Through His Son, we now have a shield protecting us.  God stands before us with a shield to protect us.  Does that mean that no one will ever be against us?  Does it mean that no one will ever bring a charge against us?  Of course not.  What that does mean is that no one will ever be successfully against us; no one will ever successfully accuse us.  Even Satan himself, with all of his crafty ways, can try to accuse us, but because of Christ’s death and glorious resurrection, we now stand holy and blameless before God, our heavenly Father.  In order for anything to reach us, it must first go through God and it is God alone who justifies, to declare free of blame. 

            Not only do we have God the Father as our shield, we also have Christ, our advocate, who died the death for all of creation.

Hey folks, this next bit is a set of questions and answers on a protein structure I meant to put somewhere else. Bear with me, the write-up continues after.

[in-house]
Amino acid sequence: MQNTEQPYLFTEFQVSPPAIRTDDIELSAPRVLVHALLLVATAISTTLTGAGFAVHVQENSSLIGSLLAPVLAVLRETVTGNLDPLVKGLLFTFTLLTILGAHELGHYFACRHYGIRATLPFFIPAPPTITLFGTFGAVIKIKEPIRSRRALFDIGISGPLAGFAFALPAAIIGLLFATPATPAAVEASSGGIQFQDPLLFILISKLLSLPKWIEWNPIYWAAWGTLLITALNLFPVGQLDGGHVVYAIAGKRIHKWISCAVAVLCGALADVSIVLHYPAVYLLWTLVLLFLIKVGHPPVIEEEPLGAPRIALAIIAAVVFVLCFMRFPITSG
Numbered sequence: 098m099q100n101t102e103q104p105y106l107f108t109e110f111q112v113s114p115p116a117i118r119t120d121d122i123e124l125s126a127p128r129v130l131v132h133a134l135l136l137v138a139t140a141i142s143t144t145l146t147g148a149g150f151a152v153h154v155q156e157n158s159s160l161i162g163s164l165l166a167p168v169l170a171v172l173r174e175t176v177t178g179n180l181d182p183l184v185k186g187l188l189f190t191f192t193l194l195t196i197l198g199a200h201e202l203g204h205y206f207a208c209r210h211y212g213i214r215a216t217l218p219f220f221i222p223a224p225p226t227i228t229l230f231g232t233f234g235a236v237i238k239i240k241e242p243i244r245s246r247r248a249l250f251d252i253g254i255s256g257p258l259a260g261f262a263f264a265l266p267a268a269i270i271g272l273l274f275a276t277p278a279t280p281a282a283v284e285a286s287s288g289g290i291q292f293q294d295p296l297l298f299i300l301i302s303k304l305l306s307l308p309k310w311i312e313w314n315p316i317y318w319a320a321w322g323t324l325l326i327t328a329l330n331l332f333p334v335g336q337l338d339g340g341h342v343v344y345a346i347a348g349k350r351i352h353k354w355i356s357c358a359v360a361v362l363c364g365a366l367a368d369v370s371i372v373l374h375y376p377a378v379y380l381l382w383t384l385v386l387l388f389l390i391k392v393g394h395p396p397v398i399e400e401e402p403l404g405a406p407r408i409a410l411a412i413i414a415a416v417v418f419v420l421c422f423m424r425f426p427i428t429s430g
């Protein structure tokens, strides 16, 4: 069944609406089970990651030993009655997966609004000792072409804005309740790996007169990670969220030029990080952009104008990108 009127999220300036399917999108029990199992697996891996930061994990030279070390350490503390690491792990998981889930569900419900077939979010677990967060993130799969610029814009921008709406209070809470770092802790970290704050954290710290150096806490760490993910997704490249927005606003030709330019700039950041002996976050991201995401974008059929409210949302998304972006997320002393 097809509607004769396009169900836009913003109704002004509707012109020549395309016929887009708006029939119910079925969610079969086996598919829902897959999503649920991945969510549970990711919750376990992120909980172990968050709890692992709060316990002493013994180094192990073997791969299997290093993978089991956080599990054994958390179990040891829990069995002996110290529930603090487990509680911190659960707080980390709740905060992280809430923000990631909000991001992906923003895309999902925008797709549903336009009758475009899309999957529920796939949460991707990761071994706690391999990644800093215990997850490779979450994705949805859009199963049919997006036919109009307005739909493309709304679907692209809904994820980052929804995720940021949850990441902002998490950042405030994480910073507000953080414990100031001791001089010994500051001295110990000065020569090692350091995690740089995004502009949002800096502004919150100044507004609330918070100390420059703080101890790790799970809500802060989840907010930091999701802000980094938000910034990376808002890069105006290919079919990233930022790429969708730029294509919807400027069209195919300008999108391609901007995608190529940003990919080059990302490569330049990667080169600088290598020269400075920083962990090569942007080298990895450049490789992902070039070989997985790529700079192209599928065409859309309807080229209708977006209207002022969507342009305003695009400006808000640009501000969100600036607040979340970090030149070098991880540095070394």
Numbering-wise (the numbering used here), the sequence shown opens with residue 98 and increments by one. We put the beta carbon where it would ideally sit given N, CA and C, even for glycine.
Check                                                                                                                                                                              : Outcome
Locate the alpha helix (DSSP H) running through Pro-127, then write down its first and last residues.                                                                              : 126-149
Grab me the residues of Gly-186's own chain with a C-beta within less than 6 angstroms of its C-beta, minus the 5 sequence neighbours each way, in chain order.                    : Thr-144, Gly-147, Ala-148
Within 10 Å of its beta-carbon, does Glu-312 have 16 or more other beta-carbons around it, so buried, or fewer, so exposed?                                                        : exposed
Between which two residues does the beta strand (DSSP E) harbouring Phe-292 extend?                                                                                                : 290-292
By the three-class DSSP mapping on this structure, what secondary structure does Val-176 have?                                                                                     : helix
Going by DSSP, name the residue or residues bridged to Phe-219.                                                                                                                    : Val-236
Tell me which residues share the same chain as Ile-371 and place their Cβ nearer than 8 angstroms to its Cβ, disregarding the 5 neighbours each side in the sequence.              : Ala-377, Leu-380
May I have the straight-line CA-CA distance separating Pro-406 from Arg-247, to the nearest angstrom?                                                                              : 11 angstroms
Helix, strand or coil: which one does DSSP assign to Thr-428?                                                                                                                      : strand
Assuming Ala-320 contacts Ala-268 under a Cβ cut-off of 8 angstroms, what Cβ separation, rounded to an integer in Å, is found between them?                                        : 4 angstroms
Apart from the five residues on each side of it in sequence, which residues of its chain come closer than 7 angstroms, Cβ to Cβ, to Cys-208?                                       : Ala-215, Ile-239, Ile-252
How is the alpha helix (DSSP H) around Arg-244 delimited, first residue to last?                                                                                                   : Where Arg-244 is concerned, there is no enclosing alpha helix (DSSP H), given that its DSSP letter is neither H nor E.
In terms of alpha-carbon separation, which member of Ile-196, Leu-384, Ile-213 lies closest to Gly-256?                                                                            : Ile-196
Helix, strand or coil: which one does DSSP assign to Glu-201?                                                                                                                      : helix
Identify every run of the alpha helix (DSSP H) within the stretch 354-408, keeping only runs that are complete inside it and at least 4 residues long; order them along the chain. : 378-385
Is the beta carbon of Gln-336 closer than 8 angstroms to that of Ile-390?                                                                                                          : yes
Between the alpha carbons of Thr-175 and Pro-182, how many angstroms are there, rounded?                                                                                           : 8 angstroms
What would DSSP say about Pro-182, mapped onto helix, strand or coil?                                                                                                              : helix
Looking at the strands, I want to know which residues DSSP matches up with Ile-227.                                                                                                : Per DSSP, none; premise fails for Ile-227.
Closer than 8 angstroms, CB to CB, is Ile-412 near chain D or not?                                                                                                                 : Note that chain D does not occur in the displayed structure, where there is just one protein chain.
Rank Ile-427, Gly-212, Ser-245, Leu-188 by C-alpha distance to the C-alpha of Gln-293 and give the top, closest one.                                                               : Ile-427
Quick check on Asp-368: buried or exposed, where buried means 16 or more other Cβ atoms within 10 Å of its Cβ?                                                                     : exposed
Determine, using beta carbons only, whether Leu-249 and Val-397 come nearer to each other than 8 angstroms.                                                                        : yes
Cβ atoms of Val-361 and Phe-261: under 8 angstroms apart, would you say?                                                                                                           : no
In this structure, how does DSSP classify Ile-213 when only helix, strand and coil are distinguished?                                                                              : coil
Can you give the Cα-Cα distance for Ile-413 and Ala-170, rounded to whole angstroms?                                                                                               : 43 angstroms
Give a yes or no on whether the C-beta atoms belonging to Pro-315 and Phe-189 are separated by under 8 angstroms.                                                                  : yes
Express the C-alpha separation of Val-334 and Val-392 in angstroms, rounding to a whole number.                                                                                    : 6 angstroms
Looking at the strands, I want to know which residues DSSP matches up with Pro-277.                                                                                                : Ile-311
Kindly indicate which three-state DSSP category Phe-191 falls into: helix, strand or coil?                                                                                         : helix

To condemn a person as Paul says here, means to inform them that God condemns them and that God has sentenced the person.  Christ intercedes on our behalf.  No one has ever been accused and condemned as Christ was.  God willingly sacrificed His one and only begotten Son, so that you and I may not die, but have everlasting life.

            Christ went before God, the only one who is able to judge us and pleaded that we have already been acquitted of all charges because He has paid for them with His body and blood.  No one else could do that for us.  Christ intercedes on behalf of all of creation.  His intercession gave us life.  His body and blood, beaten and pierced, opened for us the gates of heaven.  His resurrection and ascension brought with it a permanent advocate that will say, “Sorry, I paid for this person.  You can’t have them.”